The next census is happening in spring 2020. Responding to the 2020 Census is our civic duty and affects the allocation of funding for our community’s public resources, how we plan for the future, and our voice in government. To learn more, visit the U.S. Census Bureau.
What is the 2020 Census?
The census is an official, legally mandated, count of those living in the United States. An accurate population count is required by law and is the basis for fair political representation and distribution of government and non-profit funding. Each person counted results in about $1,535 of funding for our community.
What can you do to help?
Complete your Census quickly and accurately
The 2020 Census is the first U.S. Census that can be completed conveniently online.
Share Census information with your friends and neighbors
You may find and share Census 2020 updates by following the U.S. Census Bureau social media accounts.
Work for Census 2020
The U.S. Census Bureau is recruiting thousands of people across the country to assist with the 2020 Census count. They are hiring positions including census takers, recruiting assistants, office staff, and supervisory staff. Jobs for the 2020 Census offer flexible hours and competitive wages that are paid weekly with many positions making $19.50 an hour and $0.58 per mile reimbursement.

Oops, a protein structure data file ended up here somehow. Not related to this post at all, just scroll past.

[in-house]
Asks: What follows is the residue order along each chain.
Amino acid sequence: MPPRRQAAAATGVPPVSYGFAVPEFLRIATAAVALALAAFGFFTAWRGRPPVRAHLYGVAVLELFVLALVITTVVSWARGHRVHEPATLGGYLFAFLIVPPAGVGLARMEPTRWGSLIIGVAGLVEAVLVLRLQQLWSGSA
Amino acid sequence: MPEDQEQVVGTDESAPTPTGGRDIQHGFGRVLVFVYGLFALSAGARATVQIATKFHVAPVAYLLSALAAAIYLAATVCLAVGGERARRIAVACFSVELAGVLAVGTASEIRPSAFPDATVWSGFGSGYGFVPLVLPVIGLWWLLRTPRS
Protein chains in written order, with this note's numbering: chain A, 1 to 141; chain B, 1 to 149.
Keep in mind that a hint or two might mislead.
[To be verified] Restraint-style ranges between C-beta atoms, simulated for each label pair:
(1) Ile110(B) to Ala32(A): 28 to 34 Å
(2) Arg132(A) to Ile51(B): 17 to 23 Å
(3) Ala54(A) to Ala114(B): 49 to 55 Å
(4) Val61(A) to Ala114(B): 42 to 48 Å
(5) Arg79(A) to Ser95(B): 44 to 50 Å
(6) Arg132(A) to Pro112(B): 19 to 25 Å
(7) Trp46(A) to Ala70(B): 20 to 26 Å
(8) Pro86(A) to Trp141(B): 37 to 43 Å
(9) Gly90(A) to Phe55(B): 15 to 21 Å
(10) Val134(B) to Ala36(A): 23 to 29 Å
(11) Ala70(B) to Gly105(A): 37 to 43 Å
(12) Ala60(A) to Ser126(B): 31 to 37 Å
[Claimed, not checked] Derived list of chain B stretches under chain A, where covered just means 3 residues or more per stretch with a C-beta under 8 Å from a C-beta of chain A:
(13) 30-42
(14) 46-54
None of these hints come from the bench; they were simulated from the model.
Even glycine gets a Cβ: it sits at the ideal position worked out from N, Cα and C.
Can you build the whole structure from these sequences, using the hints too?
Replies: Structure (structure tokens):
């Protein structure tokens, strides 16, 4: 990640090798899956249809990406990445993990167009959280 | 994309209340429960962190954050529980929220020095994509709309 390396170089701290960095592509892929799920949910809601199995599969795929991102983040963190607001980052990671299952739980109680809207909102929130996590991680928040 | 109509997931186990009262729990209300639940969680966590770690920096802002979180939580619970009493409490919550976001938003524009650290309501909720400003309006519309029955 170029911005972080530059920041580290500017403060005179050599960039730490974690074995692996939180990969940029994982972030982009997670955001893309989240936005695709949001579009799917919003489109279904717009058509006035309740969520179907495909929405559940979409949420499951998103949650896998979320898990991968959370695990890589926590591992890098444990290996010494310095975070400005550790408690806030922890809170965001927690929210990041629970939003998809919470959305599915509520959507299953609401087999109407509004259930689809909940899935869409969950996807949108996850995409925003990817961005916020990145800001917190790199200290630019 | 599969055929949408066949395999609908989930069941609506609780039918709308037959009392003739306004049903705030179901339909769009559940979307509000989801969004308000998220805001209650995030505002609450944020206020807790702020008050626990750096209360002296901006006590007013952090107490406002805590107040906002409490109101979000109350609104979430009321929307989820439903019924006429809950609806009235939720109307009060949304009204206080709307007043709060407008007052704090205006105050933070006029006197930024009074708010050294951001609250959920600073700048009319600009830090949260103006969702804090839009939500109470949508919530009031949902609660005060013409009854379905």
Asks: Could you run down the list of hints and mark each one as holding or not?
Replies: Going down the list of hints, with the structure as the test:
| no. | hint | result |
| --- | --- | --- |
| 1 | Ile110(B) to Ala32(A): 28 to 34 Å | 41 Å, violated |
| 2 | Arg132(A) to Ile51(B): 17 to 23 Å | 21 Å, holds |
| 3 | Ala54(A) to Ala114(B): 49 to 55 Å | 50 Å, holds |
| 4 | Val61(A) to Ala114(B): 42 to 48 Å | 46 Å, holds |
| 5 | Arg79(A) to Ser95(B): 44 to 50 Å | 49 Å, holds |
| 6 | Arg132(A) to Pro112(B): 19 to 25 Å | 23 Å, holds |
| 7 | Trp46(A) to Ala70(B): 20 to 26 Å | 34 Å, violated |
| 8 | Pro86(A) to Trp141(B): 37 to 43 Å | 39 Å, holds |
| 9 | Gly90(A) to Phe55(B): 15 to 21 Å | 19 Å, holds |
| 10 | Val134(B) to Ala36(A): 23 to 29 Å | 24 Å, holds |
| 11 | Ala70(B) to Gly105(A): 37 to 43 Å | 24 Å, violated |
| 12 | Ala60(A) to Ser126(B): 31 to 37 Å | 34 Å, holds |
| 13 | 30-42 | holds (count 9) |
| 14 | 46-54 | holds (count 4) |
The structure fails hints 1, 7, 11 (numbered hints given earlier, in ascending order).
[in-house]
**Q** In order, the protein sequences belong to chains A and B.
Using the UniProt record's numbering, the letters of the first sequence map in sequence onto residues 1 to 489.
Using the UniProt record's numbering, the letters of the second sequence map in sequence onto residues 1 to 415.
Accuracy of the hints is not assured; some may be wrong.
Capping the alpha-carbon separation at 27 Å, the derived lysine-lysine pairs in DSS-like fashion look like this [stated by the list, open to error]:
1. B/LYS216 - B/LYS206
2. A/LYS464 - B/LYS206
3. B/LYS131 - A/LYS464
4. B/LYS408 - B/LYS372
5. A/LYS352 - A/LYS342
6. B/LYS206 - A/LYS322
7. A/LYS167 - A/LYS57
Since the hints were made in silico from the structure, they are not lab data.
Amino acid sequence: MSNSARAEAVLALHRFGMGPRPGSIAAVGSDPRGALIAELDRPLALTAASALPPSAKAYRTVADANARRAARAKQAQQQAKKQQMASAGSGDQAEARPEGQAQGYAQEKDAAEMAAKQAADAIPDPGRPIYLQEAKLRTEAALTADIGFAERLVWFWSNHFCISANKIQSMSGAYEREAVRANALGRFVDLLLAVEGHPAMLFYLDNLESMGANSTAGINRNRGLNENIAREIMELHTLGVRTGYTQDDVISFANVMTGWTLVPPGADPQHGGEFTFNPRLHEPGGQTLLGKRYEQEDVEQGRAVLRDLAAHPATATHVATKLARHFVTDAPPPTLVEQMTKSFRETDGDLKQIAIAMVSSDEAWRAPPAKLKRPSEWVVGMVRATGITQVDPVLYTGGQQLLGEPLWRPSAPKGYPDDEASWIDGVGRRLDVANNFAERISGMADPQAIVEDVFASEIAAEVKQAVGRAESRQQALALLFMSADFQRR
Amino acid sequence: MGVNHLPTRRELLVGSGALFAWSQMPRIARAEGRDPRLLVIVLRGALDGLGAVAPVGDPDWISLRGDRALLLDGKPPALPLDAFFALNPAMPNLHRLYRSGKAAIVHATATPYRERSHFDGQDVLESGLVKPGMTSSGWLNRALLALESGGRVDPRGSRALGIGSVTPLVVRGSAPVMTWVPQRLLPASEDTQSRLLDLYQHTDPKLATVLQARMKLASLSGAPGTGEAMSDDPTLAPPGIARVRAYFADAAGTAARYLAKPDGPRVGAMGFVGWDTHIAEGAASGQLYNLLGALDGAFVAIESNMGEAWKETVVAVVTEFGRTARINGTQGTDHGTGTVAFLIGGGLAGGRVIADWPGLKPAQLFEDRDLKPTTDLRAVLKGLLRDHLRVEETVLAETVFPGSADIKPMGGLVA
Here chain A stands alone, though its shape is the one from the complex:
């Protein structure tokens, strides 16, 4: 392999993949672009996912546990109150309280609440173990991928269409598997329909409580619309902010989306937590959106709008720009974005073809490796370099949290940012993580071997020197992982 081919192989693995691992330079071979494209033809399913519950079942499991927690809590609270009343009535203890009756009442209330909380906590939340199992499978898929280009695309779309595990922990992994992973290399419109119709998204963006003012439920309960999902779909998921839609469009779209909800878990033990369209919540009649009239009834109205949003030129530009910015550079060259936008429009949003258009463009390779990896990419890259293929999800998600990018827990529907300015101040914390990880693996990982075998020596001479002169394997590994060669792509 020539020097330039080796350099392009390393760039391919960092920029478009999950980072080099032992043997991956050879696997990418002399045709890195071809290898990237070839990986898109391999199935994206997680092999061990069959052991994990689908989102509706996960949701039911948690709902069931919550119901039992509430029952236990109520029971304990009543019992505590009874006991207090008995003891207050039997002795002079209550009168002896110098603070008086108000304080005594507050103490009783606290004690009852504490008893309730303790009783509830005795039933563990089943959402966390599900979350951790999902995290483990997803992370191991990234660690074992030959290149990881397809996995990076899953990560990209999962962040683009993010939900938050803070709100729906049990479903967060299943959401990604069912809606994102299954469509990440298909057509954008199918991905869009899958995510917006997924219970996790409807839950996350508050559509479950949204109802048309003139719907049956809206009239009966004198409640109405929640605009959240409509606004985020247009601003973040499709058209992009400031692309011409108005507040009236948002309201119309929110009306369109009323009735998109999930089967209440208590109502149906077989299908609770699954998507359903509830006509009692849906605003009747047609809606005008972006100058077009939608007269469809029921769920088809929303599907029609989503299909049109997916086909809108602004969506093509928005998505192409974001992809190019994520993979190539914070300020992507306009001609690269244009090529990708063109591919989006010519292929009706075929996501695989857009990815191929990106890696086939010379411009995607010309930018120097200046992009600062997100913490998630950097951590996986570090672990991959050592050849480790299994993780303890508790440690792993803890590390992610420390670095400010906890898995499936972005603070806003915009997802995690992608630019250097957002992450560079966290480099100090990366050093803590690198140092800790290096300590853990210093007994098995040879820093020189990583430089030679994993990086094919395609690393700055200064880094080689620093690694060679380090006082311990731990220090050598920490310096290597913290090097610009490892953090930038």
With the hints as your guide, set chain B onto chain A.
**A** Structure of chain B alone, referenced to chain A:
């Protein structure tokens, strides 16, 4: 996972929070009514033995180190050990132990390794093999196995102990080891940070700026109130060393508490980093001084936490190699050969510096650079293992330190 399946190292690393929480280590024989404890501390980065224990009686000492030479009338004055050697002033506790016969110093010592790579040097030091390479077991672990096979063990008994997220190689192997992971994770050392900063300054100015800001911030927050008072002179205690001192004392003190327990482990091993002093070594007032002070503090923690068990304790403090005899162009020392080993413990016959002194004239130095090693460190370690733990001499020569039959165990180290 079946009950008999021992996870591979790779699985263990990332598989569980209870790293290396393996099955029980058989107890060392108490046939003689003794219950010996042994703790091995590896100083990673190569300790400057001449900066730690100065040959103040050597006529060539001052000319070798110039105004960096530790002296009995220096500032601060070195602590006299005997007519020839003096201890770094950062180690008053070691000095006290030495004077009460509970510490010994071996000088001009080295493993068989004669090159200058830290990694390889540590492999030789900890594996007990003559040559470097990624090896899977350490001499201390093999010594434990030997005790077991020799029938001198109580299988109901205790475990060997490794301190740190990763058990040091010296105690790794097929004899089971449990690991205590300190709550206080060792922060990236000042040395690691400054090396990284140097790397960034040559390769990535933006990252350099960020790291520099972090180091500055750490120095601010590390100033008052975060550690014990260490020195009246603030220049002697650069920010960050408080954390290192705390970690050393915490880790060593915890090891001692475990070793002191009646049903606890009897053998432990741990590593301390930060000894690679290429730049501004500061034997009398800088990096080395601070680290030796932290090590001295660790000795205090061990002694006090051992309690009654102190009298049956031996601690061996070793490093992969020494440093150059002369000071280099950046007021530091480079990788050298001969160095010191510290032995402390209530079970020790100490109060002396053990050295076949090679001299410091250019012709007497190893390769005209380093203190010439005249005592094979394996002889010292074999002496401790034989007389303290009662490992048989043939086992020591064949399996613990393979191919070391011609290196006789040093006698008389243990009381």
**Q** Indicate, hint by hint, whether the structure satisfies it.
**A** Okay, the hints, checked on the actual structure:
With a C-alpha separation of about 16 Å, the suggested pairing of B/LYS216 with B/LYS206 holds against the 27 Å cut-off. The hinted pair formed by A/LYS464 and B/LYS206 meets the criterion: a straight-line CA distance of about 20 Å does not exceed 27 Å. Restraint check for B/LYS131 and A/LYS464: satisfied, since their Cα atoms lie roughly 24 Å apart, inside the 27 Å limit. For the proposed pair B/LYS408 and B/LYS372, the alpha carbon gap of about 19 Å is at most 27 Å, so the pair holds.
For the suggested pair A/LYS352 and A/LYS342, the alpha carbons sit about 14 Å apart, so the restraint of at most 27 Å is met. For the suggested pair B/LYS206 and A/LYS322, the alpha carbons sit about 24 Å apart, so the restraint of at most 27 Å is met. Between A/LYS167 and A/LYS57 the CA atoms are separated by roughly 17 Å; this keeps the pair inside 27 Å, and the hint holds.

What is the timeline you can expect?
The timeline below lists important dates for the 2020 Census.
March 12-20, 2020 Census letter invitation
March 16-24, Reminder letter
March 26-April 3, Reminder postcard
April 8-16, Reminder letter and paper questionnaire
April 20-27, Final reminder postcard
May 2020, In-person follow up to non-responders
Is the Census secure?
Your responses to the 2020 Census are safe, secure, and protected by federal law. Your answers can only be used to produce statistics—they cannot be used against you in any way. By law, all responses to U.S. Census Bureau household and business surveys are kept completely confidential.
You may respond online, by mail, or by phone. Households that don’t respond in one of these ways will be visited by a census taker to collect the information in person. Regardless of how you respond, your personal information is protected by law. All data submitted online are encrypted to protect personal privacy, and the U.S. Census Bureau’s cyber-security program meets the highest and most recent standards for protecting personal information.
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